However, OpenCalais is too low level. Which is fine, but you'd want to have a broader spectrum of services, including some applications that showcase the power of the platform. See more here: http://www.directededge.com/products.html

Also, language bind is a must. Having a REST API is fine, but having libraries that make it easy to access on any language is much better.

In the end it is all about execution. Make it really simple to use, show how to use, and let the users show you where the business model should be after a while they are using (Airbnb's presentation on the last startup school really shows how this can happen).


Wait, did they choose to shut down because they weren't accepted to YC? I haven't applied and can't exactly put myself in their place, but I feel like the most successful people would continue to try to grow their company anyway. Or is there a bigger story here I am missing?

Edit: grammar


Having someone they respect tell them something they that, deep down, already knew, was probably the reason they shut it down. If the business model isn't right, then it isn't right and no amount of coding can fix that.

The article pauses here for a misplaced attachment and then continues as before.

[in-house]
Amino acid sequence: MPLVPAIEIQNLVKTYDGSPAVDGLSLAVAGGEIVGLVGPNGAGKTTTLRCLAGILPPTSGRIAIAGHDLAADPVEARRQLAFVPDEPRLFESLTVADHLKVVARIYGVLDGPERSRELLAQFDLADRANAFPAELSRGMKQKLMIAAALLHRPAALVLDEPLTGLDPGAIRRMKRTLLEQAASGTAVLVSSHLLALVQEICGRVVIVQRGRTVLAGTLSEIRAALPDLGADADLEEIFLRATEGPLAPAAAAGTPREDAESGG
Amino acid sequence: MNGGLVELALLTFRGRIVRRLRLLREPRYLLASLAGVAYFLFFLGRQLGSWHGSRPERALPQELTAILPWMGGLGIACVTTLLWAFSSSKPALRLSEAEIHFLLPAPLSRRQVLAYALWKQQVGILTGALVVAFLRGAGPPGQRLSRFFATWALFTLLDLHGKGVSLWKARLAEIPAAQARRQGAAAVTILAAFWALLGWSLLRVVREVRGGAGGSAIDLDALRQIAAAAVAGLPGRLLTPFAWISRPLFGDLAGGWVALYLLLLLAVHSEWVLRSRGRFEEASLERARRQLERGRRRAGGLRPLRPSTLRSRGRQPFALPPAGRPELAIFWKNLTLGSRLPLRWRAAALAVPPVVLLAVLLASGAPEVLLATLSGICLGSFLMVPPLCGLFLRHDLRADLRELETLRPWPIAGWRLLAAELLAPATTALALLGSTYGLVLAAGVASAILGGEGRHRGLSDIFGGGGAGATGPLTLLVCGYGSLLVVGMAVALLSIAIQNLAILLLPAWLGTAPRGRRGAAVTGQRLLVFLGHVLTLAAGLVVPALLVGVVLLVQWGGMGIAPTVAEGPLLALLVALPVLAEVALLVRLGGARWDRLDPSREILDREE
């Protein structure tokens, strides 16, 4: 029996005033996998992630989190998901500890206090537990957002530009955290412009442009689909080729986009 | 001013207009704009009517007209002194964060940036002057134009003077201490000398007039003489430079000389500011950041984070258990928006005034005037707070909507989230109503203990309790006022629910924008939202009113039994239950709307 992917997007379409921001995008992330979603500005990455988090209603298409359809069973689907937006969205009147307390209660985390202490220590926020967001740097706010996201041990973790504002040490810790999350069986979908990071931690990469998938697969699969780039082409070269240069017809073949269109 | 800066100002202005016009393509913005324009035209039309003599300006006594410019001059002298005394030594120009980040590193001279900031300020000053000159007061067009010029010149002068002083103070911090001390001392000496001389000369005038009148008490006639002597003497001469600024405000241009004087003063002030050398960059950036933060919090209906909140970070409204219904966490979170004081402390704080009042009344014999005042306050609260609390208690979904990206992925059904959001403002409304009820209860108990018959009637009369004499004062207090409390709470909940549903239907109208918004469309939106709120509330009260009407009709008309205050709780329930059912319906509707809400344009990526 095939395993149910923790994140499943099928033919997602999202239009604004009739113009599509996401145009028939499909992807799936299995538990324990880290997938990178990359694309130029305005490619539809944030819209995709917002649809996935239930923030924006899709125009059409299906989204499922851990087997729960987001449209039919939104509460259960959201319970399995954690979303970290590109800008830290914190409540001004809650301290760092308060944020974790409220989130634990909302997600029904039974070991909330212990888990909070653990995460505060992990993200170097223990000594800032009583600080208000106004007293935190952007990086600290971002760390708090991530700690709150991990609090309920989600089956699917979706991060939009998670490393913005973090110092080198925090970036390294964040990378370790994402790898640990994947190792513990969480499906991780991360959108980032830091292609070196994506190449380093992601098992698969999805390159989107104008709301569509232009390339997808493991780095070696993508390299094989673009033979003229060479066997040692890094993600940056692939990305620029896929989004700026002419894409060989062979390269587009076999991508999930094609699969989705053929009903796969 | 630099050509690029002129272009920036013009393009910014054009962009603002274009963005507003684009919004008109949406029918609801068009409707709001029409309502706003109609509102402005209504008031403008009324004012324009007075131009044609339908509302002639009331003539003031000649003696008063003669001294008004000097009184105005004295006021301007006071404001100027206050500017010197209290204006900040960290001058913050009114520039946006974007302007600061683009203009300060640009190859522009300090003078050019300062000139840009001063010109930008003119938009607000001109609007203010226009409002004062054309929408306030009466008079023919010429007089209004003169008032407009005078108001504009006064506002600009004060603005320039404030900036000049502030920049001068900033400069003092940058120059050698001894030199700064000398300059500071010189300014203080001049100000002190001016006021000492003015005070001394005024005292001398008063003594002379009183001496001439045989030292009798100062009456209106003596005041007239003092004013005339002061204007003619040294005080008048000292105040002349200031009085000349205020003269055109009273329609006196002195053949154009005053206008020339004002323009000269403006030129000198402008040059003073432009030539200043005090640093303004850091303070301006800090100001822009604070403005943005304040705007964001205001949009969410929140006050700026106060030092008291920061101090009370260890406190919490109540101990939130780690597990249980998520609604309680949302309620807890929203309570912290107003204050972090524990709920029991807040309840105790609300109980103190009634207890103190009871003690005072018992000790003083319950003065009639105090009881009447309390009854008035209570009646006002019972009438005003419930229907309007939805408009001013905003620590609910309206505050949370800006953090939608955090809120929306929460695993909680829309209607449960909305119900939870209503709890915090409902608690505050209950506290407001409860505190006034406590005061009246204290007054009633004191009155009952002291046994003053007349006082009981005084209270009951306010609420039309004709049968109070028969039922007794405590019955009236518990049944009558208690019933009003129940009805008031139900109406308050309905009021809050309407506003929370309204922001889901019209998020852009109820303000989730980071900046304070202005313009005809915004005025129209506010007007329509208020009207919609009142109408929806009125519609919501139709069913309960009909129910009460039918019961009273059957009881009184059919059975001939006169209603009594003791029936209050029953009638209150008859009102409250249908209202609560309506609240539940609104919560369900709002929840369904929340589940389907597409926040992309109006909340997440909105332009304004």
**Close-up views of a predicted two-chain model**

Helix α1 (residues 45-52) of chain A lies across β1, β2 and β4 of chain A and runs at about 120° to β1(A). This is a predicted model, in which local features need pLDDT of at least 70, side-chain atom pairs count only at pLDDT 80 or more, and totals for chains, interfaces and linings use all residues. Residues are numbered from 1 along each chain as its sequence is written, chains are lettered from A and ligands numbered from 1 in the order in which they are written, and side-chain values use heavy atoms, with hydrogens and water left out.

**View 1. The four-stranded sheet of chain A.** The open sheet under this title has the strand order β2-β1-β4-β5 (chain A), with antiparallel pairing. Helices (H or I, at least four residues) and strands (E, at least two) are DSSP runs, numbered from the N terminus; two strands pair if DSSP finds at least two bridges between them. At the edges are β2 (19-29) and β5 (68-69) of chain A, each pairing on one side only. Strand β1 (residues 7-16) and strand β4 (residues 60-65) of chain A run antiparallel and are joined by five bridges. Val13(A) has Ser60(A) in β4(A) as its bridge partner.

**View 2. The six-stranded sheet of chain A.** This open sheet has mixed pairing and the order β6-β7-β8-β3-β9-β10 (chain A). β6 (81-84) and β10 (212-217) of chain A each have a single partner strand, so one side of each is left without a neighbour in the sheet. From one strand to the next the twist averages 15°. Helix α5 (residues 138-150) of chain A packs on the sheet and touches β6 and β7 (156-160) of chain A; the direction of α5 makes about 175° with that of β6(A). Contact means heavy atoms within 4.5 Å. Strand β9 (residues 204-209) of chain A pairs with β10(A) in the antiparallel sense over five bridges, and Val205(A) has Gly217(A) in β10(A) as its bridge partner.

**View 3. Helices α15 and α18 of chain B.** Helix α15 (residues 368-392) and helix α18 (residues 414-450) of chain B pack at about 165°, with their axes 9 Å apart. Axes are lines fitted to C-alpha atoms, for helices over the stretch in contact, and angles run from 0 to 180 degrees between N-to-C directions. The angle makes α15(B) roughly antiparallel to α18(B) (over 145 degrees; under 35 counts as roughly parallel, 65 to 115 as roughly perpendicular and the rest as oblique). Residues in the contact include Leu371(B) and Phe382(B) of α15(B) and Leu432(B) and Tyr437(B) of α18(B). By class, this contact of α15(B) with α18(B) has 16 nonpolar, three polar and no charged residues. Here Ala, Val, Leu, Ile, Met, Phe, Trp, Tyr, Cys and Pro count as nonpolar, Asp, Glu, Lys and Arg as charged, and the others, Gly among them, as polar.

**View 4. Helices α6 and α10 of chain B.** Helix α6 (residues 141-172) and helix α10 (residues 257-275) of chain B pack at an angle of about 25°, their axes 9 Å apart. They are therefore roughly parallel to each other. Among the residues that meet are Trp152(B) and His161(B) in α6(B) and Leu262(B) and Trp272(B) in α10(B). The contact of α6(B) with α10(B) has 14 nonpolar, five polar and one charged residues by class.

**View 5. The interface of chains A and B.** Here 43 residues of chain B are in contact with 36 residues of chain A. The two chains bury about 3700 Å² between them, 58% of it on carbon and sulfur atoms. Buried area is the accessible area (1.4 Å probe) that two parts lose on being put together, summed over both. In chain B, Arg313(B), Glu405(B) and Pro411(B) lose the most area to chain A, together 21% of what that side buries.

The business model is very fixable.


Though it might seem that way, it was more that YC was a last straw. We think we had an interesting product and there were a lot of possibilities, but there were also a lot of other problems as well, some I wrote about and some I didn't. I definitely wouldn't let a YC decision have an impact on your business, but consider their feedback one part of many that you will receive while building your company, and react accordingly.


Fair enough- I would definitely classify that as other information. Didn't mean to be overly judgmental. I just know that TechCrunch recently had an article about foreign startups aiming for funding and not building a business, and was thinking of that.


You should build something else instead of entirely stopping.


FTA: It was a huge confidence booster that I will take with me into my future projects. I hope to interview with YC again with whatever project I happen on next (maybe Fready?)